Skype, Signal, Slack, GitHub Desktop, Twitch, and other desktop apps are vulnerable to remote code execution.

Electron is a framework created in 2013 that uses web technologies such as JavaScript, HTML, and CSS to develop native desktop applications. It is an open source project maintained by GitHub and an active community of contributors. This framework uses Chromium and Node.js and supports Windows, macOS and Linux platforms.

It is expected that 460 cross-platform desktop applications use Electron, but only a few were affected by the bug — macOS, and Linux not vulnerable.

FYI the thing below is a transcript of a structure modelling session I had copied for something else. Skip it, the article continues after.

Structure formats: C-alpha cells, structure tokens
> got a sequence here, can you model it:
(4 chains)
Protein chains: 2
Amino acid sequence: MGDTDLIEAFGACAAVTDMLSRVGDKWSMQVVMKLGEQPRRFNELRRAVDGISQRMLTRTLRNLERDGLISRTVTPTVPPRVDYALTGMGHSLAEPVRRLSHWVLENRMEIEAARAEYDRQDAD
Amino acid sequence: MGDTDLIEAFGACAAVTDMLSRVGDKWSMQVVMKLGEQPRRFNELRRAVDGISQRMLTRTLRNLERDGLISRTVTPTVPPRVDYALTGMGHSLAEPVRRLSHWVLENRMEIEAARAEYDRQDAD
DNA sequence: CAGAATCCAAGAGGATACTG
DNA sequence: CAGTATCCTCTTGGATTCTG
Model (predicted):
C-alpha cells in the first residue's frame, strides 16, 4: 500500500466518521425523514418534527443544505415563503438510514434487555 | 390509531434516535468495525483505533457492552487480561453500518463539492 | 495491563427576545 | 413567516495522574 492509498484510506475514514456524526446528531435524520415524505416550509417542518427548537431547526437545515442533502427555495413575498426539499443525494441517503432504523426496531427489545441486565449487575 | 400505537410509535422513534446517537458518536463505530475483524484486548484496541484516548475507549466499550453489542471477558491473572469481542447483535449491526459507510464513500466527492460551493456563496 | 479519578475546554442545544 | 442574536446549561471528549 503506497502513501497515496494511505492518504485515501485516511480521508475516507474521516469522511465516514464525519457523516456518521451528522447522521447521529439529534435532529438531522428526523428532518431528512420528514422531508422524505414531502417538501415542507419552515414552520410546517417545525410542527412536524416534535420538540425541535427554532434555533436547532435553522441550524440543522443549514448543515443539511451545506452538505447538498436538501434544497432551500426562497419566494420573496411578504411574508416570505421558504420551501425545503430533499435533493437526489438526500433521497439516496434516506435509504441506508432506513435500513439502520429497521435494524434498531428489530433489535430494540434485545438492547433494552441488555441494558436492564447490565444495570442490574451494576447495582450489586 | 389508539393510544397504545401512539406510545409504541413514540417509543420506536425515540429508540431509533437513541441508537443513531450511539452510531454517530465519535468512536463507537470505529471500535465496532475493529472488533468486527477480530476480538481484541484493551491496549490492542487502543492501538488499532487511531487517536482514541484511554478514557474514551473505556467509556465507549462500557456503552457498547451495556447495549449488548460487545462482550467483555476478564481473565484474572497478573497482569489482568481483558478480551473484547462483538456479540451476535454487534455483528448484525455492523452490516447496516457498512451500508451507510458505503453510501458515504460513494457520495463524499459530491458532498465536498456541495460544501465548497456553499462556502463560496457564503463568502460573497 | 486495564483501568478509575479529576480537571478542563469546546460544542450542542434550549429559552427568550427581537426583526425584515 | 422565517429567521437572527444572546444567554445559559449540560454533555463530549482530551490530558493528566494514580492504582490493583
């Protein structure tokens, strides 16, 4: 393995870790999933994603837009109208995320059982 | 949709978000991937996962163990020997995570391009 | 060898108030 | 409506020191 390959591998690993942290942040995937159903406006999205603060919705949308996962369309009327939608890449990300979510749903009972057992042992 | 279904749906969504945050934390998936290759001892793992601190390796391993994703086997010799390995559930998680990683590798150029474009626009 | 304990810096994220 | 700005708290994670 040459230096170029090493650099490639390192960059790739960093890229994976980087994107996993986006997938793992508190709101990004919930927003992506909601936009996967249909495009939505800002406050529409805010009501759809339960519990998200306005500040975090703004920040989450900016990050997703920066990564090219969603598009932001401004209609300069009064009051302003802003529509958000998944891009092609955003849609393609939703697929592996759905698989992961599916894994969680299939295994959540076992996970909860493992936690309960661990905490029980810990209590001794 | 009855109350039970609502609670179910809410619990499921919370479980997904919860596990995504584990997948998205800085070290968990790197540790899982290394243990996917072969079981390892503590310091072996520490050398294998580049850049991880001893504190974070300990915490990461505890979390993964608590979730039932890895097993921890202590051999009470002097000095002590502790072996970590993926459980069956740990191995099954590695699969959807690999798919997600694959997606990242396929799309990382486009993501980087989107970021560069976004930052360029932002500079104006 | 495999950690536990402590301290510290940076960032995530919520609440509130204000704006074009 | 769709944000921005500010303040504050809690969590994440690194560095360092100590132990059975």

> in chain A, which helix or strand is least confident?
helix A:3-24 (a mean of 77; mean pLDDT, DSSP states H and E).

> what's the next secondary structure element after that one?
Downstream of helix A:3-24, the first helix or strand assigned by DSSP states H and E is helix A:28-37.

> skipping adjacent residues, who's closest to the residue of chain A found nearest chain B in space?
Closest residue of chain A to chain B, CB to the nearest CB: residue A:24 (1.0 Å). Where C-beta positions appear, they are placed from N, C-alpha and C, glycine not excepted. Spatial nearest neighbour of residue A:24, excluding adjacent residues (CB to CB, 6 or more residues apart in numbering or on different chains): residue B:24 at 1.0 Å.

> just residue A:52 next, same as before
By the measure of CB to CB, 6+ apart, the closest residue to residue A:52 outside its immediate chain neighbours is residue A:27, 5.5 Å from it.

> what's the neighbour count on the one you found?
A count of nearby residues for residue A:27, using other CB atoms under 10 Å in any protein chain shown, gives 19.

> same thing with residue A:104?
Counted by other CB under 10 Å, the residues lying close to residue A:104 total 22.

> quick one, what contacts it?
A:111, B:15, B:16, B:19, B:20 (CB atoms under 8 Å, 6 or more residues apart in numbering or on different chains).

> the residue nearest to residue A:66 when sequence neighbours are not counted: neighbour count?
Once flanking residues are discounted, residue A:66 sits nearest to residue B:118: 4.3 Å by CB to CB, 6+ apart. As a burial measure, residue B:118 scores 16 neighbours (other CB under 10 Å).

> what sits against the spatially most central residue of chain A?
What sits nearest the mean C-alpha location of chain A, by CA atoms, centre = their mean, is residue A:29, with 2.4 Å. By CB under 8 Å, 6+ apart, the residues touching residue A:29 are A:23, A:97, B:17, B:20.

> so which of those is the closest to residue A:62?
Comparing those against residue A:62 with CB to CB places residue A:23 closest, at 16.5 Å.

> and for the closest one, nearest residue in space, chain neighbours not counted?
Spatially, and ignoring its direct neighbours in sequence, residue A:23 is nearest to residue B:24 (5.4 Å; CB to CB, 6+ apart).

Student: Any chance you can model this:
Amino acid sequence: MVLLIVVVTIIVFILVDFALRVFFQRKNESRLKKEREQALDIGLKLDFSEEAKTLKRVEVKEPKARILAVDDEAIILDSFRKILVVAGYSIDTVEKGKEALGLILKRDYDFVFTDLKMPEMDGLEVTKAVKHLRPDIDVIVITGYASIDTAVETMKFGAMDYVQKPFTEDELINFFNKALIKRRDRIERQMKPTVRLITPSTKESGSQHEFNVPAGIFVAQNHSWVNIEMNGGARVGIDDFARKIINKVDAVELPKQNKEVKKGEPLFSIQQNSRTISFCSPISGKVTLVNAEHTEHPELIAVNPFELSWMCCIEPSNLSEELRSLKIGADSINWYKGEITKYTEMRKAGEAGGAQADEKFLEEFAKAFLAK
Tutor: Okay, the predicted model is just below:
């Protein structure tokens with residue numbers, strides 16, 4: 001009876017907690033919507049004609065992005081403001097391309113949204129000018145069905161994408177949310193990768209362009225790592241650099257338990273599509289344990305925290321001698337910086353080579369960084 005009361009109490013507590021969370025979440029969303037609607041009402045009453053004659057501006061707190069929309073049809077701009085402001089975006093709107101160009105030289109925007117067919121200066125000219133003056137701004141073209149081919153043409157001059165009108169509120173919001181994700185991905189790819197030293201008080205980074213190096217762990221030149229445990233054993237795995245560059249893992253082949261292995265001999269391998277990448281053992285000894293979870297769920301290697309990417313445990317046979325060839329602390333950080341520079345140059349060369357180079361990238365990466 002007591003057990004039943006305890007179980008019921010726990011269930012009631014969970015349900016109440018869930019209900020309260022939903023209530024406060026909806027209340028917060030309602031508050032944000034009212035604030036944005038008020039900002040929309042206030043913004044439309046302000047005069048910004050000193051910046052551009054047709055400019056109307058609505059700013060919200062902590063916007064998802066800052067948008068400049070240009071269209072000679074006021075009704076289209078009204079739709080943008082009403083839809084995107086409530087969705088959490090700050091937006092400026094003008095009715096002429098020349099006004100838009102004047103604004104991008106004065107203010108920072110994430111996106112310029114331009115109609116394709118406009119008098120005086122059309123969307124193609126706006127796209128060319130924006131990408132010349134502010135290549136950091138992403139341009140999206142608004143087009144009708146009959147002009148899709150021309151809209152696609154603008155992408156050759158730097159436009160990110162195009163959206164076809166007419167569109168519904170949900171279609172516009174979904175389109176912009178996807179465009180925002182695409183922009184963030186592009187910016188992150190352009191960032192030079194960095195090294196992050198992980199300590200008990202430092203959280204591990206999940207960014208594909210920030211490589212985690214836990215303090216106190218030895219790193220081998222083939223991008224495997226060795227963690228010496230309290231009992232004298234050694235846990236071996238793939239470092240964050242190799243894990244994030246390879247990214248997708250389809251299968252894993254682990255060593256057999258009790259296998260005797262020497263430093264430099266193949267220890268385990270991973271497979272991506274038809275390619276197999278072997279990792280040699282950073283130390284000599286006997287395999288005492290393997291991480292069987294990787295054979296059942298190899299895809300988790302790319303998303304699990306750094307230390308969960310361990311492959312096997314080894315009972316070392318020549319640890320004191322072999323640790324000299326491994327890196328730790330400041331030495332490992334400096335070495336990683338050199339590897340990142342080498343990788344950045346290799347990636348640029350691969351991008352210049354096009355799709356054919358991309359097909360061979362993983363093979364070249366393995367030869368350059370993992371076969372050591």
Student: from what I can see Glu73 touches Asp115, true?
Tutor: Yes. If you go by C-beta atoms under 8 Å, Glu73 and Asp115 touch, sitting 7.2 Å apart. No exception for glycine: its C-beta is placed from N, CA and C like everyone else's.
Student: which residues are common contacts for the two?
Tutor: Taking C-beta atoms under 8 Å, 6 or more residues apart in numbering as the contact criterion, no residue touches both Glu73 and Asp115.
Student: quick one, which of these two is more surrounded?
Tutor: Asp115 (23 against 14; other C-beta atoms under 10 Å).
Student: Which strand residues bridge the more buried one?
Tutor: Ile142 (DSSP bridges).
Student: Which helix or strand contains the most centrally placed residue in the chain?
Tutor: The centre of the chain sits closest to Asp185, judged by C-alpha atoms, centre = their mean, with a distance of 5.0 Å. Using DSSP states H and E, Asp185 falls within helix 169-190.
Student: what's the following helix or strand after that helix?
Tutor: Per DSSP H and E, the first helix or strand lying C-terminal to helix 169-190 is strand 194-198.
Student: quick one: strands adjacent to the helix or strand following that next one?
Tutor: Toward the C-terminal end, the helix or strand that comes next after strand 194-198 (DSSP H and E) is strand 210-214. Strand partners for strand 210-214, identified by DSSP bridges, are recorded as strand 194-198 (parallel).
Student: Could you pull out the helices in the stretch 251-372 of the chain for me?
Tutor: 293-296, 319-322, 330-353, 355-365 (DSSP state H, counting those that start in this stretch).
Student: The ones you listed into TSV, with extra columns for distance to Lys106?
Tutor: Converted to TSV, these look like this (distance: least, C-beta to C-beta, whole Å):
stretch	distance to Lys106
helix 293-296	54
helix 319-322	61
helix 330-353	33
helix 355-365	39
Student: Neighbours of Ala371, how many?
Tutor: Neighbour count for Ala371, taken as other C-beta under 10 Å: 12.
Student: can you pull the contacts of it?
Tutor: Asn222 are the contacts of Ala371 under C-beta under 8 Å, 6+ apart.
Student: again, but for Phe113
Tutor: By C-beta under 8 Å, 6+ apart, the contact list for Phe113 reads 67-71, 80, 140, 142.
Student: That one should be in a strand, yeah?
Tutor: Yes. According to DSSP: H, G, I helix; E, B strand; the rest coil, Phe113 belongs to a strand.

According to Electron, these applications are vulnerable regardless of how the protocol is registered (using native code, the Windows registry, or Electron’s app.setAsDefaultProtocolClient API).


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The vulnerability was addressed with the release of electron v1.8.2-beta.4, electron v1.7.11, and electron v1.6.16. All three releases are available for download on GitHub.

“If for some reason you are unable to upgrade your Electron version, you can append “–“ as the last argument when calling app.setAsDefaultProtocolClient, which prevents Chromium from parsing further options. The double dash “–“ signifies the end of command options, after which only positional parameters are accepted,” Electron explains.


Electron developers are advised to update their software to the latest stable versions as soon as possible.


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